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Happy Nappy Day / Poets in the Park 2020 | Sunday, August 9th




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Happy Nappy Day/Poets in the Park returns for a celebration of our culture, heritage, and hair! Don’t miss it!

We’re keeping the tradition of this event going – a cultural celebration of our hair, our health, our heritage, our art in motion, and the black businesses that we cross-support through Happy Nappy Day/Poets in the Park!

Vendor booths available. If you are a Baltimore Natural Hair Care Expo 2020 vendor, your event reservation is transferable to this event.

Stay tuned for more event details as the event draws near.

Gwynn Oak Park

Gwynn Oak Ave

5010 Gwynn Oak Ave

Gwynn Oak, MD 21207

1pm – 8pm

*Vendor booth fees are non-refundable but can be transferred to a future event.*

RSVP @ Eventbrite


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#SAVEDC! Help M.I. to Raise the Awareness – Saturday, August 15th @ 6:45 PM





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Help M.I. to Raise the Awareness!

A gun violence discussion with the community & families of Davon McNeal & Carlos General

Saturday, August 15th

Saturday’s virtual zoom which will begin at 7p.m. Please find the enclosed link for tuning in below. The event will be live streamed on YouTube as well as Facebook in addition to Zoom.

Please share with as many in your base as possible!

We have to do something about the continuous loss of life and the disconnection of our youth!

There are many philosophies surrounding the nature of this senseless gun-violence and the cycles of despair that many of our youth are caught up in.

Please plan to participate as we feel that it takes a village to not only come to the table but to remain at the table, as we peel back the layers and address this matter and all of the supporting circumstances that have us as a culture losing our young men and youth daily.

M.I. wishes to extend a very special “thank-you” to the family members who are courageously willing to come forward for the benefit of saving our youth despite the loss and unfortunate situations currently facing their families. The show of humility and understanding is not taken lightly and we are forever indebted to your sacrifice and for you heeding the call.

Login to Zoom link to participate @

Topic: Help M.I. to Raise the Awareness! #SAVEDC
Time: Aug 15, 2020 06:45 PM Eastern Time


Details about the shooting @

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Black Is King Does Everything It Needs To





Photo: Parkwood Entertainment
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Beyoncé’s nearly 20-year journey in film is as much a testimony to her tenacity as her formidable catalogue in music. Her work in the two fields grows a little more challenging at each turn. While she blossomed as a songwriter during her stint as leader of Destiny’s Child and came out of it as the premier contemporary R&B artist of the 2000s, she took quirky film roles starring alongside comedy icons Steve Martin and Mike Myers in The Pink Panther and Austin Powers: Goldmember. In the mid-aughts, Cadillac RecordsThe Fighting Temptations, and Dreamgirls posited Bey as a multi-hyphenate actor-slash-performer in the style of Whitney Houston, but, lacking a blockbuster like 1992’s Oscar- and Grammy-winning The Bodyguard (critically reviled though that movie might have been in its time), Beyoncé’s early films seemed like obligatory star-making gestures, less like parallels to the movies of multimedia double threats like Madonna and Dolly Parton and more like peers to the works of Jennifer Lopez and Justin Timberlake, musicians whose early film endeavors were hit or miss, relaying an eagerness to branch out of music sometimes lacking in good taste. For every memorable turn in Selena or The Social Network, there was Gigli or The Love Guru or Jersey Girl or Yogi Bear. Beyoncé’s role in the 2009 stalker drama Obsessed, in which she kills Ali Larter’s character in a fight sequence frankly funnier than any of her official comedic performances, did not help matters.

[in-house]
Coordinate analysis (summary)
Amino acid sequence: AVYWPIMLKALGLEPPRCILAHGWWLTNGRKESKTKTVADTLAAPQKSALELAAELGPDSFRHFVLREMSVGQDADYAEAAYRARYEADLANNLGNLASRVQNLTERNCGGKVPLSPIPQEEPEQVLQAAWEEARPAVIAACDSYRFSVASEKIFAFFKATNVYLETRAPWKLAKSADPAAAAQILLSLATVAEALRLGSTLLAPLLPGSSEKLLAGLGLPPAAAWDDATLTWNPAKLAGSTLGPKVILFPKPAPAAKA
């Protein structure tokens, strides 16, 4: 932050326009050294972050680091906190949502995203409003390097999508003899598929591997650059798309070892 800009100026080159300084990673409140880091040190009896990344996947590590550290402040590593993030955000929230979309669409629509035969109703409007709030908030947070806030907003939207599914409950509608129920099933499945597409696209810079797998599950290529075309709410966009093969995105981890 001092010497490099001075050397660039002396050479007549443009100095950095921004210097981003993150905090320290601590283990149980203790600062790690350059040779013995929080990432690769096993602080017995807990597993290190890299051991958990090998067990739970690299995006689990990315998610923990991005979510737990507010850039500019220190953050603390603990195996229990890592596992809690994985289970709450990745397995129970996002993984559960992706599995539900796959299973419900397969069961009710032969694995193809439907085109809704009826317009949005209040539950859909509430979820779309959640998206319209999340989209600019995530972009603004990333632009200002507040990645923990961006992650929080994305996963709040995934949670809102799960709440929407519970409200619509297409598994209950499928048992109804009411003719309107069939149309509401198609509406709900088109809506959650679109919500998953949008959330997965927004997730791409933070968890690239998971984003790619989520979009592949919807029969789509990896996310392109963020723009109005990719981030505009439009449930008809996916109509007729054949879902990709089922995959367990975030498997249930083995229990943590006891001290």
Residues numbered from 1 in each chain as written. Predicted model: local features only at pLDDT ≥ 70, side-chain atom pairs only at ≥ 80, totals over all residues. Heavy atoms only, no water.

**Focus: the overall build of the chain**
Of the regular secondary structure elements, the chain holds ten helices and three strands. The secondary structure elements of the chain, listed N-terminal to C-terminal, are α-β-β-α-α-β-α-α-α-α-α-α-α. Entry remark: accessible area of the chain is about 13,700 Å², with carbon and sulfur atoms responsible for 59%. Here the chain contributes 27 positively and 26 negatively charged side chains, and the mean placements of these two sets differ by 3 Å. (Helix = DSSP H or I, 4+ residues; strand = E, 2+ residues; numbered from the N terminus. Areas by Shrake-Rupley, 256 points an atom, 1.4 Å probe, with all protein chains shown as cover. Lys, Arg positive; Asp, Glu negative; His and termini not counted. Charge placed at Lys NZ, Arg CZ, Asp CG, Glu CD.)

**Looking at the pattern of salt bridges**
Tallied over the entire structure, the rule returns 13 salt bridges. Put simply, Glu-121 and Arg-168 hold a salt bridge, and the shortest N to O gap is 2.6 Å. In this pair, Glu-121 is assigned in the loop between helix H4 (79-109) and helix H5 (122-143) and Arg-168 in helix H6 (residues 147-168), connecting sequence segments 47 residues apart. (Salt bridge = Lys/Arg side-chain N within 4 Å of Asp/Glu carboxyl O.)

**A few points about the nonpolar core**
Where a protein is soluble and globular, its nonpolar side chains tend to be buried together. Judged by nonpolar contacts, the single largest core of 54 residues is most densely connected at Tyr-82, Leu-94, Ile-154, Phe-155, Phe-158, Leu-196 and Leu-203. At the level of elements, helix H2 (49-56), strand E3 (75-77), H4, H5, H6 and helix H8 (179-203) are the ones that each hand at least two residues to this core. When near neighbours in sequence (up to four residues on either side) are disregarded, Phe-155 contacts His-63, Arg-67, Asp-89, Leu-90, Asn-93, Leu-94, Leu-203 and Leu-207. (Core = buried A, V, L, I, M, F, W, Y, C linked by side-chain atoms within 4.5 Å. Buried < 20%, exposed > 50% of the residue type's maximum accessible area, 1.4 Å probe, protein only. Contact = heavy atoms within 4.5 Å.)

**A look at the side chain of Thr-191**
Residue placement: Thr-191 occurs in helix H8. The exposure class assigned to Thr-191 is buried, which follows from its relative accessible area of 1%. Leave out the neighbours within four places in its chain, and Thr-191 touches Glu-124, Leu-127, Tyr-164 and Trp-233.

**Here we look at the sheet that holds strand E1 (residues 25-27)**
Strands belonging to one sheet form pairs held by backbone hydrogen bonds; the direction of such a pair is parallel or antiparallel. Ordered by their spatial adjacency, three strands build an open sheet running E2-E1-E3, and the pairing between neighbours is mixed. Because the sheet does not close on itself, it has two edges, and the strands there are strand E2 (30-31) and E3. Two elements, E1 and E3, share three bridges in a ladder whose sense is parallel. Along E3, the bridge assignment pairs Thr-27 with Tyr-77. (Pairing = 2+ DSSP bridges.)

In the past decade, experiments Beyoncé did with the music-video format — alongside Kanye West, whose My Beautiful Dark Twisted Fantasy album was heralded by the fantastical short film Runaway — have shifted the standard for pop-star video excursions, looking to monocultural audio- visual events like the Beatles’ Hard Day’s Night, Prince’s Purple Rain, and Michael Jackson’s Moonwalker for tips in spinning storytelling and performance into a unified narrative thread. Her surprise 2013 self-titled visual album laid important groundwork that she would build upon in 2016’s HBO film Lemonade, which recounts the story of an apparent near miss with divorce but works on secondary levels as a celebration of Black womanhood and a dive into the knotty history and iconography of the South. (Props to Life Is But a Dream, a chronicle of her album and tour and her difficult first pregnancy, and Homecoming, which details the making and execution of Bey’s 2018 headlining Coachella performance, but those are documentaries and more of a testament to Beyoncé the archivist rather than the ambitious storyteller we’re lauding today.) This year’s Black Is King, a full-length film that uses last year’s The Lion King: The Gift as its soundtrack and source text, is the culmination of everything Beyoncé has learned in film since breaking out in Carmen: A Hip Hopera.

Read more at Vulture

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Apps for Instagram Stories Video Editing





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